Friday, September 6, 2013

Caribbean libraries as facilitators in the governance process

This post is based on my own local experience, from which I draw lessons for libraries, but mainly for libraries in developing countries. This post attempts to address 2 questions:

  1. How national libraries can demonstrate their value nationally and in a relevant way to a nation's governance process especially in informing and educating citizens about national issues?
  2. How national and public libraries can use Facebook and other social media to engage their citizens in education on national issues?

Recently in Jamaica, there has been a debate about a proposal regarding the development of some islands belonging to the state (If you are interested in this subject see the news reports from Jamaica Gleaner on the subject). Since most of the information that I have been getting on the islands was from the mass media, I began to think it would be nice for me to see pictures of the islands under discussion, the Goat islands, that were not filtered by the mass media. Unfortunately, I was unable to access adequate images of the islands involved using Google Search, Pinterest or even Flickr. Unlike other parts of Jamaica, the Great and Little Goat islands are not well known sites and do not seem to be very well documented via photographs. Even the Wikipedia entry on the subjects at the writing of this post reveals very little information (See entry for Great and Little Goat island). This is where I began to wish for my public library and national library to step into the national dialogue.

I imagined that if my libraries (public or National) would post on Facebook or other social media (blogs, Flickr, Twitter) pictures and information sources (or quotes from them) in order to help people be better educated about these islands, this would be very useful in helping the nation be more informed to participate in the debate. So on August 28, 2013, I inquired of  National Library of Jamaica (NLJ) on its Facebook page if the NLJ could post a photo of the islands with accompanying information. On the 29th of August 2013, the NLJ obliged me by posting this photograph of a map of the goat islands on its Facebook page as well as a historical fact. But it did not stop there. By September 1, 2013, the Jamaica Observer, one Jamaica's leading printing press published some historical facts compiled by the NLJ in the article "The legend of Goat Islands". Then on September 3, 2013 the National Library posted on its Facebook page a current photograph from the Jamaica Gleaner along with another historical fact.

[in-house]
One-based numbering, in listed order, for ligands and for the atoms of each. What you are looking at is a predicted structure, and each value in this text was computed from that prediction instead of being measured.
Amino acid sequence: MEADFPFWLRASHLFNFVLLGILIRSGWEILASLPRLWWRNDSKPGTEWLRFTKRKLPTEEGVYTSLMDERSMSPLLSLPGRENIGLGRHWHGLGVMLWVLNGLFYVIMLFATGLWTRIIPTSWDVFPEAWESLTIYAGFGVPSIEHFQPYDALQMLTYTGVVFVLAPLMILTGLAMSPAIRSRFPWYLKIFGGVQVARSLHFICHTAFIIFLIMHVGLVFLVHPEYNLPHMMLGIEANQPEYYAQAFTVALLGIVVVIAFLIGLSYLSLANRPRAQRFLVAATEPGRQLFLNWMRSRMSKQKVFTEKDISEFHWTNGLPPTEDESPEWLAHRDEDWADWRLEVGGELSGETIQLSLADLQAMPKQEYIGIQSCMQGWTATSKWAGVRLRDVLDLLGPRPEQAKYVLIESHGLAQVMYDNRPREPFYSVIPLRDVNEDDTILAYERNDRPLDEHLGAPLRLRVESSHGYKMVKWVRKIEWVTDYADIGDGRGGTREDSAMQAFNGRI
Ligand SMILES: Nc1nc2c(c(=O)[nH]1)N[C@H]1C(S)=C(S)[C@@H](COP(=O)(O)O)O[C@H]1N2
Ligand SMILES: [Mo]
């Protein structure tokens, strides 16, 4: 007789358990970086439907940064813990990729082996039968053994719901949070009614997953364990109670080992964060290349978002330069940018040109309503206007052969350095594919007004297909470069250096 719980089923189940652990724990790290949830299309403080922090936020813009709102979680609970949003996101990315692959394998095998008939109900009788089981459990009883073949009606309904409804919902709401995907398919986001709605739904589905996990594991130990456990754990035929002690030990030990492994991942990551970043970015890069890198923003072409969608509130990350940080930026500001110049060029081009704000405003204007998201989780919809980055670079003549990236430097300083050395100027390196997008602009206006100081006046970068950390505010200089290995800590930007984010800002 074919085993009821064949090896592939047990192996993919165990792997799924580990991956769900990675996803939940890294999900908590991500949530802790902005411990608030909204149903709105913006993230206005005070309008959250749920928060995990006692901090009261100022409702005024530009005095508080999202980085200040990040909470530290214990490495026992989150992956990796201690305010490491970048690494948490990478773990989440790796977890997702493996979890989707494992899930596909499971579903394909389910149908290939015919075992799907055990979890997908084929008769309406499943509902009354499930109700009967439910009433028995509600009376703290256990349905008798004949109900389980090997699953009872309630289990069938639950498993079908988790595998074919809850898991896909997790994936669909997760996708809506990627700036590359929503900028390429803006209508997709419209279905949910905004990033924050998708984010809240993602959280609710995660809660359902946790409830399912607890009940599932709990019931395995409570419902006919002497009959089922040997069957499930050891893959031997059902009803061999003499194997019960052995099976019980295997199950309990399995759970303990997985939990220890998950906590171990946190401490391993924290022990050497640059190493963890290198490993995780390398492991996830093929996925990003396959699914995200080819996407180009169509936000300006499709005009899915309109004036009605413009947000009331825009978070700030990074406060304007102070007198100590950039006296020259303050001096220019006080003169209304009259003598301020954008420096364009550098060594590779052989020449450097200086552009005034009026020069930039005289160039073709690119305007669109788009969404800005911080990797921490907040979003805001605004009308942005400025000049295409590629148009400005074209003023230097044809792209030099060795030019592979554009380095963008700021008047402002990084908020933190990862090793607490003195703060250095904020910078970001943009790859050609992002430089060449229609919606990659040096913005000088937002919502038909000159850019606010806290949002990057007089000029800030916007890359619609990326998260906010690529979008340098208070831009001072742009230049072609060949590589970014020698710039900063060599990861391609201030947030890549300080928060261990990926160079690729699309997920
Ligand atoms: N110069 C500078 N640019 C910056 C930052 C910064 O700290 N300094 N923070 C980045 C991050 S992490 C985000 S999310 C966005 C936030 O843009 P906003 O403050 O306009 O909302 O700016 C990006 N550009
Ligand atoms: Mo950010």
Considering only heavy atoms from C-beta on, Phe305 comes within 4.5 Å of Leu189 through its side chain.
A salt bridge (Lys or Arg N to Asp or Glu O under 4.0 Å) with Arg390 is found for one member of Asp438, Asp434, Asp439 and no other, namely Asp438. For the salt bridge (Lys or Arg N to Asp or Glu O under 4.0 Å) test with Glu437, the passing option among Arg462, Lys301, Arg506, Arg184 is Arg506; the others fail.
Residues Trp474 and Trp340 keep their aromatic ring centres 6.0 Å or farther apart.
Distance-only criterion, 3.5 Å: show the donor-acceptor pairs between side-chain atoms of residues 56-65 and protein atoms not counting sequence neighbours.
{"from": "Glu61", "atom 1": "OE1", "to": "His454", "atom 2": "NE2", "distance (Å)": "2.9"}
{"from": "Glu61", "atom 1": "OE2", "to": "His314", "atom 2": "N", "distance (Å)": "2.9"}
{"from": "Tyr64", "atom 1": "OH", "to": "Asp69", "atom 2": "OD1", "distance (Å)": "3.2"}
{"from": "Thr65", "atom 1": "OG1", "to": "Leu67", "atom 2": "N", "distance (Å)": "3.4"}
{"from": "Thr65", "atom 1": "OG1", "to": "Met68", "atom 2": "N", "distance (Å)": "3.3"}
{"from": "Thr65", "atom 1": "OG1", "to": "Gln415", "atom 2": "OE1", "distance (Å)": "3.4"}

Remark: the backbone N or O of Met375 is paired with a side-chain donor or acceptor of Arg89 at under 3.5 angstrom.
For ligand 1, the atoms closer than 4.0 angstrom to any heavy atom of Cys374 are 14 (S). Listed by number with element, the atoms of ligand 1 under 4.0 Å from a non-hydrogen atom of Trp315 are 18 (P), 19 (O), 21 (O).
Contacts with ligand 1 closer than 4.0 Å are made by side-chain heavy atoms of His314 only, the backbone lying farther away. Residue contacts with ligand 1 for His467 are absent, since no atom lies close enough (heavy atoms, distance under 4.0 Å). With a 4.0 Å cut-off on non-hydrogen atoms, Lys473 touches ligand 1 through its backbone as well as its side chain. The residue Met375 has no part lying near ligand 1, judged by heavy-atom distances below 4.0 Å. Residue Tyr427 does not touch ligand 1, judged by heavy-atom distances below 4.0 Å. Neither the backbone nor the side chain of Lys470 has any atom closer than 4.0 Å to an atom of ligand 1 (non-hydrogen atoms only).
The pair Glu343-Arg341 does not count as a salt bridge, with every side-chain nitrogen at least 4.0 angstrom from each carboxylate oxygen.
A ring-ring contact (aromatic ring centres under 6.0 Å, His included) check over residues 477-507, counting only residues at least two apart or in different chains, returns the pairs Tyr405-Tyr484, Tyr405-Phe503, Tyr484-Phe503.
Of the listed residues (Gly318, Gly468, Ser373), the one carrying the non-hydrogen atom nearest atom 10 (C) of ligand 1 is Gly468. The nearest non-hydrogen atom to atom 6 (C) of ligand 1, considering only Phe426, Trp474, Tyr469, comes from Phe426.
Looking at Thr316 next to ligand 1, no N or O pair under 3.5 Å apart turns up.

The event narrated here is an important illustration of how Caribbean national and public libraries can play a role of providing neutral and historical information for democracy and in the interest of the public to inform the national debate. Already, just glimpsing at the Facebook page comments on the photos shared by NLJ, I see many Jamaicans conducting information seeking, asking other questions as well as attempting to process the value of the islands. This is a clear example of what Benjamin Franklin stated about libraries in his autobiography:
libraries have improved the general conversation of the Americans, made the common tradesmen and farmers as intelligent as most gentlemen from other countries, and perhaps have contributed in some degree to the stand so generally made throughout the colonies in defense of their privileges. (Nix, 2012).
Only that this time, substitute "Americans" with "Jamaicans" and "colonies" with "nation". Another aspect to this, is the use of social media by libraries to engage citizens and provide this information to the public as well as facilitate this conversation in this social virtual information space.


Nix, L. T. (2012). The Library Company of Philadelphia. The Library History Buff. Retrieved from

The legend of Goat Islands (2013, Sep 1). Jamaica Observer. Retrieved from

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